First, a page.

Mental health encompasses emotional, psychological, and social well-being, and affects how we think, handle challenges, feel, and make choices . Mental well-being is essential at every stage of life, from childhood and adolescence through to older adulthood. Good mental health allows people to realize their full potential, cope with life stressors, be productive at their workplaces, and make meaningful contributions to their communities . Therefore, supporting mental health is necessary for a healthy society. However, the burden of mental health disorders is continuing to grow worldwide, and has significant impacts on health and social well-being, human rights, and economic consequences globally .
There are numerous causes of mental health challenges, including family history, violence in homes and communities, and broader issues such as war or international conflicts. Common mental health challenges include depression, posttraumatic stress disorder (PTSD), schizophrenia, anxiety, and stress disorders. However, depression, anxiety, and stress are the most common forms of mental illnesses. For example, depressive disorders are the fourth leading cause of the global disease burden, affecting an estimated 450 million people and causing a significant amount of disability worldwide . The burden of illness attributable to mental health in general is ranked second, behind ischemic heart disease . A systematic review  revealed that approximately one in five respondents (18%, 95% confidence interval [CI]: 16.3–18.9%) were identified as having had a common mental disorder during the 12-months preceding assessment, and around 29% (95% CI: 25.9–32.6%) had experienced a common mental disorder at some time during their lifetimes. That review also revealed gender imbalances in the prevalence of common mental disorders, with women experiencing higher rates of these disorders. There was also evidence of consistent regional variation in the prevalence of common mental disorders within countries. For example, countries in North and South East Asia had consistently lower 1 year and lifetime prevalence estimates than other regions. One-year prevalence rates were also low in Sub-Saharan-Africa, whereas English-speaking counties returned the highest lifetime prevalence estimates .
In the Arab world, it is estimated that approximately 17.7% of the population  suffers from depression. However, this estimate may be underestimated because stigma toward mental illness in Arab societies means many people avoid seeking help from mental health services. This is of particular concern as many populations in the Middle East are affected by conflict and war, meaning vulnerable groups are at high risk for PTSD, depression, anxiety, and other mental health problems . Another population in the Middle East region at risk for mental health problems is “blue collar” migrant workers or expatriates. These workers are generally without health insurance coverage and include domestic maids who often work under poor conditions .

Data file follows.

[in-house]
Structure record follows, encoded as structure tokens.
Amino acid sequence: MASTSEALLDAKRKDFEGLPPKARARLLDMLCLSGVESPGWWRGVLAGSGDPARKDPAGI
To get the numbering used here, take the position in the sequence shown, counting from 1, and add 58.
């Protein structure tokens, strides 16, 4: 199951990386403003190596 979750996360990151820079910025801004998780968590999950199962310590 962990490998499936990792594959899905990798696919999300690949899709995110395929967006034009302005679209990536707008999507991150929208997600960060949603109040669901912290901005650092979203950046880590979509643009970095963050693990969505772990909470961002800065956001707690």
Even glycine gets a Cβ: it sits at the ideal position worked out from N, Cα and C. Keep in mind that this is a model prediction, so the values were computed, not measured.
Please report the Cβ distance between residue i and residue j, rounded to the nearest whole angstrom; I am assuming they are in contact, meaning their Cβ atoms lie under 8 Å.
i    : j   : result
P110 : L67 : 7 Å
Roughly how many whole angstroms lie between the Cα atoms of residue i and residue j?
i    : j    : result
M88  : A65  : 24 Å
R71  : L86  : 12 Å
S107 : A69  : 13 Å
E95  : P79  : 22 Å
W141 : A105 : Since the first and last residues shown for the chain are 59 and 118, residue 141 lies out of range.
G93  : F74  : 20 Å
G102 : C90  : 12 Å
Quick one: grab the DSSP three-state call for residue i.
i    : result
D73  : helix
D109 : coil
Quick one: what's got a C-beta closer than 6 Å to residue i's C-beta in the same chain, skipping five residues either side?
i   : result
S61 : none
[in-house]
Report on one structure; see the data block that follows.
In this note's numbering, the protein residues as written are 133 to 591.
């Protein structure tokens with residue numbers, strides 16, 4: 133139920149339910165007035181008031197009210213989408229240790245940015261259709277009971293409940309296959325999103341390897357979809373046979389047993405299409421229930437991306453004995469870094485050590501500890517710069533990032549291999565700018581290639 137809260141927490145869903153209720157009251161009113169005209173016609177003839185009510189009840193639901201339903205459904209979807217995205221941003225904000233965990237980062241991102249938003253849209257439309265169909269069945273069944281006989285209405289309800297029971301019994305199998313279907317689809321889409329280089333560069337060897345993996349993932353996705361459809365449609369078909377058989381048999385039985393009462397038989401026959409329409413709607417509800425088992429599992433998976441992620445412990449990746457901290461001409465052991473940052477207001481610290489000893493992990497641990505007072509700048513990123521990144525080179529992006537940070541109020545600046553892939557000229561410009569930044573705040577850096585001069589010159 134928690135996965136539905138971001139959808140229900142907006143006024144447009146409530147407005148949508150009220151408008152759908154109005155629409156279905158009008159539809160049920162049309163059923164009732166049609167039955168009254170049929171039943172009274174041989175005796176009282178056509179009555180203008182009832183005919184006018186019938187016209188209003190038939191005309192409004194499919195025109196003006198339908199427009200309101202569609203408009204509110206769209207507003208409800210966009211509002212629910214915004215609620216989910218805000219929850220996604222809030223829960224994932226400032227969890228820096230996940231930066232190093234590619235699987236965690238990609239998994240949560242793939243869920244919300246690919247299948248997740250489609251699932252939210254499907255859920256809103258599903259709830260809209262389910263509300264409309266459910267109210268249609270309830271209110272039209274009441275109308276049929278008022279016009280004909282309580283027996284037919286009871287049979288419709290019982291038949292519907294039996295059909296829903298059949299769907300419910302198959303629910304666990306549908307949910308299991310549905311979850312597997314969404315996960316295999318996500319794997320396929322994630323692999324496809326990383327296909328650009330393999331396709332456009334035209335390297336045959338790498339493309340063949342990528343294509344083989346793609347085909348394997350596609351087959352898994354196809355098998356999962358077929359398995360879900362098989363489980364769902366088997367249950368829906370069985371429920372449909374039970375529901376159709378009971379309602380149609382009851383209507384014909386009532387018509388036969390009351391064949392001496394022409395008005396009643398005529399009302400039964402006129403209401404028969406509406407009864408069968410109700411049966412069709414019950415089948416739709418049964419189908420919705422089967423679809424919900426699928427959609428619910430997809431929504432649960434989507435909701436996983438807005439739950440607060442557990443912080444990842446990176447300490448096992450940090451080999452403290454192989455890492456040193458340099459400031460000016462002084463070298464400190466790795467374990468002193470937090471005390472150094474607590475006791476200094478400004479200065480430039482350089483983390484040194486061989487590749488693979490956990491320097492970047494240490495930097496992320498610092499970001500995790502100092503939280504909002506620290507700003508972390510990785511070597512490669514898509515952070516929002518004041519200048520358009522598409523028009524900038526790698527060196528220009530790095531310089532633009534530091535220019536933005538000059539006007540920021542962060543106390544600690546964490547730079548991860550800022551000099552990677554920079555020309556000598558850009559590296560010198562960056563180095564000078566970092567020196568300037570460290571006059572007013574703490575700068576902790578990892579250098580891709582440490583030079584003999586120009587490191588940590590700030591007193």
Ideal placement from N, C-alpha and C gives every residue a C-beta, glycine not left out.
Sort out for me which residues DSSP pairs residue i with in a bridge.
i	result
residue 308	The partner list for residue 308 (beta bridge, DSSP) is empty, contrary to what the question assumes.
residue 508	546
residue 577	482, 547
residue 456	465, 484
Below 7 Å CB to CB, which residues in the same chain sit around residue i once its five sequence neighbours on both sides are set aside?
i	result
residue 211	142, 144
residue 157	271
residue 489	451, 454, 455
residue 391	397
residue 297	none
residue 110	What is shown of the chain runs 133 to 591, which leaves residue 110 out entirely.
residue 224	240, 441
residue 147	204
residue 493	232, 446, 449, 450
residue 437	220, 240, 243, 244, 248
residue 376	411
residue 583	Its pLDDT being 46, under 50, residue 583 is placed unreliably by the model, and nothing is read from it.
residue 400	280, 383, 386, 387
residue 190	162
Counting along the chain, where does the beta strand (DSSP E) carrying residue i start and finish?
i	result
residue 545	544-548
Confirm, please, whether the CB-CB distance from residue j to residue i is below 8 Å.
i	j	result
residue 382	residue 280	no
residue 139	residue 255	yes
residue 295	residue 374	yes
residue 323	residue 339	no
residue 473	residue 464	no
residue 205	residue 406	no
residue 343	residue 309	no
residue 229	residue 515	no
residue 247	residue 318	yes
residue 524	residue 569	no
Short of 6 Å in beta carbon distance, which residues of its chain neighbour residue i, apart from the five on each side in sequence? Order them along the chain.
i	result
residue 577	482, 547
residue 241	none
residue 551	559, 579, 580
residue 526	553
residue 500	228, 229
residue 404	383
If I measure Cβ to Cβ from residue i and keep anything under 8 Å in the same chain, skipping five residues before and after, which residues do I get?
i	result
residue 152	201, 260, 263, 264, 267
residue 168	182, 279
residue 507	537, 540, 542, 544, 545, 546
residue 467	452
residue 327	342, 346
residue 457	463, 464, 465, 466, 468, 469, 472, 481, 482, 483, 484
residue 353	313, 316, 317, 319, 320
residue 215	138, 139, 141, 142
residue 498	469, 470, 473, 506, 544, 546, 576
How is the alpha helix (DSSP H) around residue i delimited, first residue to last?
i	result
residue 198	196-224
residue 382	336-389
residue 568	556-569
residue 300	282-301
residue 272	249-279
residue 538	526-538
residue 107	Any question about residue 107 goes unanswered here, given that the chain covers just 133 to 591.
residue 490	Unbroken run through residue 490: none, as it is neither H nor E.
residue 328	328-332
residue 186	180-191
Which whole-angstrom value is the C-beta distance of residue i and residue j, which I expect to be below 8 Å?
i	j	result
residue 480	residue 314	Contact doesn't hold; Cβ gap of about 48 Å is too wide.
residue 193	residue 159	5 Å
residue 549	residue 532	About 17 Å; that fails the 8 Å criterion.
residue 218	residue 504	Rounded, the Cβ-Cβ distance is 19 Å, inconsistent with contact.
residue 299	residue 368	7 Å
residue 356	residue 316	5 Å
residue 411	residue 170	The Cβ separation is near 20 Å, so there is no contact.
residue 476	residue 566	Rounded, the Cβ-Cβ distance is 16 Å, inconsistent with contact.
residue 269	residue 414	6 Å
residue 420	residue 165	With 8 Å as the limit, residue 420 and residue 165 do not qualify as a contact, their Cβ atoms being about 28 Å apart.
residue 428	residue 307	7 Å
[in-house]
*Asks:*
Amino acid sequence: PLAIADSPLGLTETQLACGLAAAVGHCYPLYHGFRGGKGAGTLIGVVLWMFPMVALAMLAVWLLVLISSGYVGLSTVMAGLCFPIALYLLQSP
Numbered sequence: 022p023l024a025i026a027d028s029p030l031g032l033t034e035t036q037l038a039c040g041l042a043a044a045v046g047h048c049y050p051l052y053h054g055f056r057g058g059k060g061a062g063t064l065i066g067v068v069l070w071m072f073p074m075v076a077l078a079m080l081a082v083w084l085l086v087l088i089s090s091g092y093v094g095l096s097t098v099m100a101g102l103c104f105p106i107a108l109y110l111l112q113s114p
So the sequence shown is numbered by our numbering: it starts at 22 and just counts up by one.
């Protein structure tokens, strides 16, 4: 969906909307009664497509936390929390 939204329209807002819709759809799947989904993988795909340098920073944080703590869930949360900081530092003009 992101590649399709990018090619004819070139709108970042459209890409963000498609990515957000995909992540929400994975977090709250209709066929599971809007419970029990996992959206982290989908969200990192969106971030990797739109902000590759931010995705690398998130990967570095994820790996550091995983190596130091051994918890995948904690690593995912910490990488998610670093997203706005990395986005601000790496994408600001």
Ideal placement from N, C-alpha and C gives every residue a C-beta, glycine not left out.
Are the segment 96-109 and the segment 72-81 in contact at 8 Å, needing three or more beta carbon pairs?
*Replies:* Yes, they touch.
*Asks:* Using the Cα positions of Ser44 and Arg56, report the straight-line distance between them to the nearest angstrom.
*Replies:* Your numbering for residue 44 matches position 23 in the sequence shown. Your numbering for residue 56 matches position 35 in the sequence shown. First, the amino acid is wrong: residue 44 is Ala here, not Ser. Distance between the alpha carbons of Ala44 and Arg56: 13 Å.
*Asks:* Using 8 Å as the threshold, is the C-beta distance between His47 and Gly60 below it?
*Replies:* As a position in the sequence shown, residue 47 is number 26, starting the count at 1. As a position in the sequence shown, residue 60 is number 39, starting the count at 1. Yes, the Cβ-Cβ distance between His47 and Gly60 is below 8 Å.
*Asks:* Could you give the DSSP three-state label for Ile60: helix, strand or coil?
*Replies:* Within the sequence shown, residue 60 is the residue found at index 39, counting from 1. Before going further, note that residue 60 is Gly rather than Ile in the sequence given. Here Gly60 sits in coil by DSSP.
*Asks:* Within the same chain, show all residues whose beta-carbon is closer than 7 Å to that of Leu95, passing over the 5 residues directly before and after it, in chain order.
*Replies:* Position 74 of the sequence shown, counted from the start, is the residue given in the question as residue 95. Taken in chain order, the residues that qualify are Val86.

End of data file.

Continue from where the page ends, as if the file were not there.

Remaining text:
Mental health disorders contribute to Mental Health burden in the United Arab Emirates (UAE). However, there are very few studies done on the prevalence of mental health disorders throughout the Middle East, partly due to social stigma associated with mental health. The prevalence of mental health problems among students and the associated impact on UAE society have not yet been explored. Building understanding of these factors is important to inform development of interventions that work in the UAE context.
There is a paucity of evidence from research on mental health in the UAE and the Middle East in general. However, available data indicate there has been an alarming increase in mental illnesses in the region. For example, depressive, addictive, stress-related, and anxiety disorders, along with childhood behavioral problems (such as attention deficit hyperactivity disorder) are increasingly common, along with psychotic disorders such as schizophrenia . Recent WHO statistics indicated UAE estimates of the prevalence and incidence of mental health disorders were consistent with global estimates. However, these estimates and projections do not reflect the extent of the problem. Despite the UAE’s financial resources and established mental health legislation, the resources allocated to the mental health sector are modest compared with the prevalence of mental health disorders. Mental health is also a neglected area of research in the UAE and many other Arab countries. For example, between 1989 and 2008, only 192 studies on mental health in Gulf Cooperation Council (GCC) countries were published, with the UAE being the most prolific in terms of research volume .